Teaching

Publications

Journal Articles


  • Interconnected cavernous structure of bacterial fruiting bodies PLoS Comp Biol Harvey, C. 2013; 8

    View details for DOI e1002850

  • M. xanthus swarms are driven by growth and regulated by a pacemaker J Bacteriol Kaiser, D., Warrick, H. 2011; 193: 5898-5904
  • A cascade of coregulating enhancer binding proteins initiates and propagates a multicellular developmental program. Proceedings of the National Academy of Sciences USA Giglio, K. 2011; 108: E431-E439
  • Study of elastic collisions of Myxococcus xanthus in swarms Phys Biol Harvey, C. 2011; 8
  • Are there lateral as well as polar engines for A motile gliding in myxobacteria? J Bacteriol Kaiser, D. 2009; 191: 5336-5341
  • Periodic Reversal of Direction Allows Myxobacteria to Swarm Proc Natl Acad Sci USA Wu, Y. 2009; 106: 1222-1227
  • Are there lateral as well as polar engines for A motile gliding in myxobacteria? J Bacteriol Kaiser, D. 2009; 191: 5336-5341
  • Spatial control of cell differentiation in Myxococcus xanthus PROCEEDINGS OF THE NATIONAL ACADEMY OF SCIENCES OF THE UNITED STATES OF AMERICA Julien, B., Kaiser, A. D., Garza, A. 2000; 97 (16): 9098-9103

    Abstract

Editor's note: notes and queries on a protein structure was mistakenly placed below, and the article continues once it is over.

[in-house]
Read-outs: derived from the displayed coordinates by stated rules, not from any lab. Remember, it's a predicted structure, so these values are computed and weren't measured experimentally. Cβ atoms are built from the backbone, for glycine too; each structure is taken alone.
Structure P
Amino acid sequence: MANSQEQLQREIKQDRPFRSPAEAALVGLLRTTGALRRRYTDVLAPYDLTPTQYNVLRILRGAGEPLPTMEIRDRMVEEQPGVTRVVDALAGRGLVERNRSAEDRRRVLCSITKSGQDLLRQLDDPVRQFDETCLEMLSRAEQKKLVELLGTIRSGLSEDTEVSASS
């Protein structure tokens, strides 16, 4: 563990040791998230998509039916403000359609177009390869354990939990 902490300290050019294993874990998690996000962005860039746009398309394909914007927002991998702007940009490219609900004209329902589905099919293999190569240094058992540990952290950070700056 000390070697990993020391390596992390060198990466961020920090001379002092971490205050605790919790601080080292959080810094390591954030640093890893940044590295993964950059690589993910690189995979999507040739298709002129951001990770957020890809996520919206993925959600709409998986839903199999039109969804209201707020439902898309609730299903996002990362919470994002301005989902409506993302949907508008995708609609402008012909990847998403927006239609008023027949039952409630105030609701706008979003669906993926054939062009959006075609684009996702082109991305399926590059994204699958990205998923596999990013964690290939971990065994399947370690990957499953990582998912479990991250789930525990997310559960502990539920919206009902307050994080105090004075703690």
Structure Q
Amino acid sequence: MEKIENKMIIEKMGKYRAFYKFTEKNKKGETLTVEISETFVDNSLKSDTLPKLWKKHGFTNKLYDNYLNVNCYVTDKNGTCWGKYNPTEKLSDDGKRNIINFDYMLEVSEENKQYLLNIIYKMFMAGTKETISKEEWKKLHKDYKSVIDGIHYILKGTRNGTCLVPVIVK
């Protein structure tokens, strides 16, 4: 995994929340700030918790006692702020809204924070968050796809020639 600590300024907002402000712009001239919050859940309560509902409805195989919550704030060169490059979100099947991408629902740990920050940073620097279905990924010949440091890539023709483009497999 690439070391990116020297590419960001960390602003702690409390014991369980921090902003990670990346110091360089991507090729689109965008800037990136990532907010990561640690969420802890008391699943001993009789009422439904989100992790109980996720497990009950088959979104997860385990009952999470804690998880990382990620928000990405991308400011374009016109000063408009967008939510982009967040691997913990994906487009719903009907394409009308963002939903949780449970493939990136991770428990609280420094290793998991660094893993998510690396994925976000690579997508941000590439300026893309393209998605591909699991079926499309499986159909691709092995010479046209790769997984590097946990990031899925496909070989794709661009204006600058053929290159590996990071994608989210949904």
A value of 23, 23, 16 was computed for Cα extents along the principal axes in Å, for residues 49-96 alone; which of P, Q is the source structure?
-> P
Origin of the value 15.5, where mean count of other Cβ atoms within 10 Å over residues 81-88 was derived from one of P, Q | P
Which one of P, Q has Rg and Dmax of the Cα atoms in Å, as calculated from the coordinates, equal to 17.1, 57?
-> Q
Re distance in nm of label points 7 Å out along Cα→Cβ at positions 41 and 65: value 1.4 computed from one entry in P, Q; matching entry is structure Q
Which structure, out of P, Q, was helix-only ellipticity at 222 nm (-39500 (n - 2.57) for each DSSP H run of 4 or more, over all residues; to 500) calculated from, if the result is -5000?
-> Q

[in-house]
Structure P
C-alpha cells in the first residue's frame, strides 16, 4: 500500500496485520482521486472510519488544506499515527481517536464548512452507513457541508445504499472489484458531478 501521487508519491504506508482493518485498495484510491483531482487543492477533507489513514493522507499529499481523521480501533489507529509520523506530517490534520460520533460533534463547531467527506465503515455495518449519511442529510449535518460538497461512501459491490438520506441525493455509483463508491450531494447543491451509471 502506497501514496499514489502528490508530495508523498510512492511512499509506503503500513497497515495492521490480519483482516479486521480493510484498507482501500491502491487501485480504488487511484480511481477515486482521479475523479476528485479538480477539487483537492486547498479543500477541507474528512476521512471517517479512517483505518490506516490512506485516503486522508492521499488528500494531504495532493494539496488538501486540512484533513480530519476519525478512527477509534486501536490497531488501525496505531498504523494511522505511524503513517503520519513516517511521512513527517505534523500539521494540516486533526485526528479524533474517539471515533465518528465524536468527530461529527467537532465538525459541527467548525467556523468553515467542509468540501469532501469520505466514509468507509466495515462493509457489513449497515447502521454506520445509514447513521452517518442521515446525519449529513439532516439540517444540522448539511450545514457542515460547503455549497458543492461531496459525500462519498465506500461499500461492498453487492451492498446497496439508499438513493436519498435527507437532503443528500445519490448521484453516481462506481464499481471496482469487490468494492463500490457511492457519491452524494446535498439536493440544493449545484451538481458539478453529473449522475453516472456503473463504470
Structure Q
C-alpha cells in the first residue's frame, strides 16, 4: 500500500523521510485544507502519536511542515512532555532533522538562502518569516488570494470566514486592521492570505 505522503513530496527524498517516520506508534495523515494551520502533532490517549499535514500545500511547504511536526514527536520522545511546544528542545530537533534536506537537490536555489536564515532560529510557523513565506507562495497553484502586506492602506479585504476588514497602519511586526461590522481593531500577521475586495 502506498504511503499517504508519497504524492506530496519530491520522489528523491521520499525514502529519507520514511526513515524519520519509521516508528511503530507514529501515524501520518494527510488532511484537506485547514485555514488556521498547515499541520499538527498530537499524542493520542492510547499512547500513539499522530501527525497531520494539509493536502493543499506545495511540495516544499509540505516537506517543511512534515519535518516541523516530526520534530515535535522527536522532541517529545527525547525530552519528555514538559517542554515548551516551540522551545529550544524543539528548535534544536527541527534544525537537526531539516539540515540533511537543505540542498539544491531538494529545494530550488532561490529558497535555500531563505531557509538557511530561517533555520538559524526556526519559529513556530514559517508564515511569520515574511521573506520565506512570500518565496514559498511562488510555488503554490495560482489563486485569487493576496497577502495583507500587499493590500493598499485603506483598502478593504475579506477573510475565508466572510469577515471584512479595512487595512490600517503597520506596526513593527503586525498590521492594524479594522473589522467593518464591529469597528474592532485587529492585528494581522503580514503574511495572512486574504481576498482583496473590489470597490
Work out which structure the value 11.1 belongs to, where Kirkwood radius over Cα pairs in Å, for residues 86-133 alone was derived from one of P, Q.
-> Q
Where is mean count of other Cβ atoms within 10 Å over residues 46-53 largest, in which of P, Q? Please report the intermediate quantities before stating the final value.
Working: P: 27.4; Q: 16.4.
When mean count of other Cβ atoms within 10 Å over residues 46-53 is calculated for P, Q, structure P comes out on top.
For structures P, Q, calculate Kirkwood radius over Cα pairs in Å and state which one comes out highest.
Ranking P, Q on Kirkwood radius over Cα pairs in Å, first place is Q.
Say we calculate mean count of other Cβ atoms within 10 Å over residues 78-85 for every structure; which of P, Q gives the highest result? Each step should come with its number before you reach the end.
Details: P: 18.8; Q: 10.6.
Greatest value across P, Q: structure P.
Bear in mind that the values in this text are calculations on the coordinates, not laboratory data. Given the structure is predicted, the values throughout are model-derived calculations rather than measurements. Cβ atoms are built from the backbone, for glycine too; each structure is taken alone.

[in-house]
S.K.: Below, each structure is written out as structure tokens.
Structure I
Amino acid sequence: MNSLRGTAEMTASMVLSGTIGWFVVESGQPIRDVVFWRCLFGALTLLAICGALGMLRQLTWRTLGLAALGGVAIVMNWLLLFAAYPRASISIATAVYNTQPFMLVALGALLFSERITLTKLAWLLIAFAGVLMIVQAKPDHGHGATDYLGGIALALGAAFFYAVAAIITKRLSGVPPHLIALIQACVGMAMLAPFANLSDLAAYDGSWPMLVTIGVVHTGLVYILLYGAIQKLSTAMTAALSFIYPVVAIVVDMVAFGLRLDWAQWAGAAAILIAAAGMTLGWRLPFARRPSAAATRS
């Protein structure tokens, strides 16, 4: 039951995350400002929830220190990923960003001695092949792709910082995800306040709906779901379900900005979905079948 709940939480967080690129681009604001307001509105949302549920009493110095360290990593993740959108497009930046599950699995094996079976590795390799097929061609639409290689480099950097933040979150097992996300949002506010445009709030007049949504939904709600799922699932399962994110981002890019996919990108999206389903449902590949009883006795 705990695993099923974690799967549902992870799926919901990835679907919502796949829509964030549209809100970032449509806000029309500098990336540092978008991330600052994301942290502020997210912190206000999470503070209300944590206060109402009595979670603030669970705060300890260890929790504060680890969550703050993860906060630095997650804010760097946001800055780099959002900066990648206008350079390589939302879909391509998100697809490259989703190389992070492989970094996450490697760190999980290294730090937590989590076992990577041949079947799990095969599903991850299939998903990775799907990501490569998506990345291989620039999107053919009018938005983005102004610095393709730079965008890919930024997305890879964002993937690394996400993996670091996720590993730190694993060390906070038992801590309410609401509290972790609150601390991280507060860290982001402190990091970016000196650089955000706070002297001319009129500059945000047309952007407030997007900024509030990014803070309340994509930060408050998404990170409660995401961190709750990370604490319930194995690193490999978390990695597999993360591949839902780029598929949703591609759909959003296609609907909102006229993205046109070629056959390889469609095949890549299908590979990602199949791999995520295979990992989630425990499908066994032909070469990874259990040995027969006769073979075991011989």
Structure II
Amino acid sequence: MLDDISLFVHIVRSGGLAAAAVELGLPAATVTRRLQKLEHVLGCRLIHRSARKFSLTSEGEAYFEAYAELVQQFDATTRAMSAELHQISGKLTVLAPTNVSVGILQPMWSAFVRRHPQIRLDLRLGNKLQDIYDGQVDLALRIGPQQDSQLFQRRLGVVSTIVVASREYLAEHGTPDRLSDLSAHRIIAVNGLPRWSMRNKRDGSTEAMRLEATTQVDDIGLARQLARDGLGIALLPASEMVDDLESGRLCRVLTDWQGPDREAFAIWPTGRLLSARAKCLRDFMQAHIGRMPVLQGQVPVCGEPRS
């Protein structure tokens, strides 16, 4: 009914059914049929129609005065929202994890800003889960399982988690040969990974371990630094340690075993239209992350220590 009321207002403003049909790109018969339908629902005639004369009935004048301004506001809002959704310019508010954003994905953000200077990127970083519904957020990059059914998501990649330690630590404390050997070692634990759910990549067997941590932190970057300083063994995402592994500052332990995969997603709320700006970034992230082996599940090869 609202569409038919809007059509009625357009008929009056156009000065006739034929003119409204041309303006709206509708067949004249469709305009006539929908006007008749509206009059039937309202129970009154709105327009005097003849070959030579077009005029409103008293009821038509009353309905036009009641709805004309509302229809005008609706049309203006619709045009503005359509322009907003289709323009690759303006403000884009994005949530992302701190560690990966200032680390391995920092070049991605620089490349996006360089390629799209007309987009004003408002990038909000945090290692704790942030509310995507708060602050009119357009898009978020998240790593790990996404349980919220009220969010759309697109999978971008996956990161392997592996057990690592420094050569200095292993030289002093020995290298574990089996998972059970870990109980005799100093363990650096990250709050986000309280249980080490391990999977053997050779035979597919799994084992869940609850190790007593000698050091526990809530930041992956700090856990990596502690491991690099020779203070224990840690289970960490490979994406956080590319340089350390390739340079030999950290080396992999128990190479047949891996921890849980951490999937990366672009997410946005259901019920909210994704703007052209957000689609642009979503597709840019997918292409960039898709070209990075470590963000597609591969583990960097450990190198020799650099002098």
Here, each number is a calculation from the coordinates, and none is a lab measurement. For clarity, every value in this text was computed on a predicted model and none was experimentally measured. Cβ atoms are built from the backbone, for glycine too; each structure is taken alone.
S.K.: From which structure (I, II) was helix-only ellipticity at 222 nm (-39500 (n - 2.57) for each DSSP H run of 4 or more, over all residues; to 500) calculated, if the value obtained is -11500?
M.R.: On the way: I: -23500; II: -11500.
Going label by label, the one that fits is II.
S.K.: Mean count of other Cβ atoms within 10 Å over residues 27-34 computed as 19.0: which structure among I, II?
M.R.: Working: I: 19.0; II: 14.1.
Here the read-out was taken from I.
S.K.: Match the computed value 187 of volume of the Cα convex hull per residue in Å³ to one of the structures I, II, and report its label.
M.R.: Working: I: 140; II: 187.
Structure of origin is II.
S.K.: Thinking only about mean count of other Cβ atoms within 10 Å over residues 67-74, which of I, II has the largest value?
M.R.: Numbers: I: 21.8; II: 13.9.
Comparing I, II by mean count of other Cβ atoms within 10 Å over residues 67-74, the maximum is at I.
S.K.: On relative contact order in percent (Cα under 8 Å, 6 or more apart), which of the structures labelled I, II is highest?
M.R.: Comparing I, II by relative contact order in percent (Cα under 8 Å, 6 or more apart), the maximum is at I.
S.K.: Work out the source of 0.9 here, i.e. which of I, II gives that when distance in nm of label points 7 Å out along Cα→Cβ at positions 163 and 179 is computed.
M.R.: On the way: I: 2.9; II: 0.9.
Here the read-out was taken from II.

Myxococcus xanthus develops species-specific multicellular fruiting bodies. Starting from a uniform mat of cells, some cells enter into nascent fruiting body aggregates, whereas other cells remain outside. The cells within the fruiting body differentiate from rods into spherical, heat-resistant spores, whereas the cells outside the aggregates, called peripheral cells, remain rod-shaped. Early developmentally regulated genes are expressed in peripheral cells as well as by cells in the fruiting bodies. By contrast, late developmental genes are only expressed by cells within the nascent fruiting bodies. The data show that peripheral cells begin to develop, but are unable to express genes that are switched on later than about 6 h after the start of development. All of the genes whose expression is limited to the fruiting body are dependent on C-signaling either directly or indirectly, whereas the genes that are equally expressed in peripheral rods and in fruiting body cells are not. One of the C-signal-dependent and spatially patterned operons is called dev, and the dev operon has been implicated in the process of sporulation. It is proposed that expression of certain genes, including those of the dev operon, is limited to the nascent fruiting body because fruiting body cells engage in a high level of C-signaling. Peripheral cells do less C-signaling than fruiting body cells, because they have a different spatial arrangement and are at lower density. As a consequence, peripheral cells fail to express the late genes necessary for spore differentiation.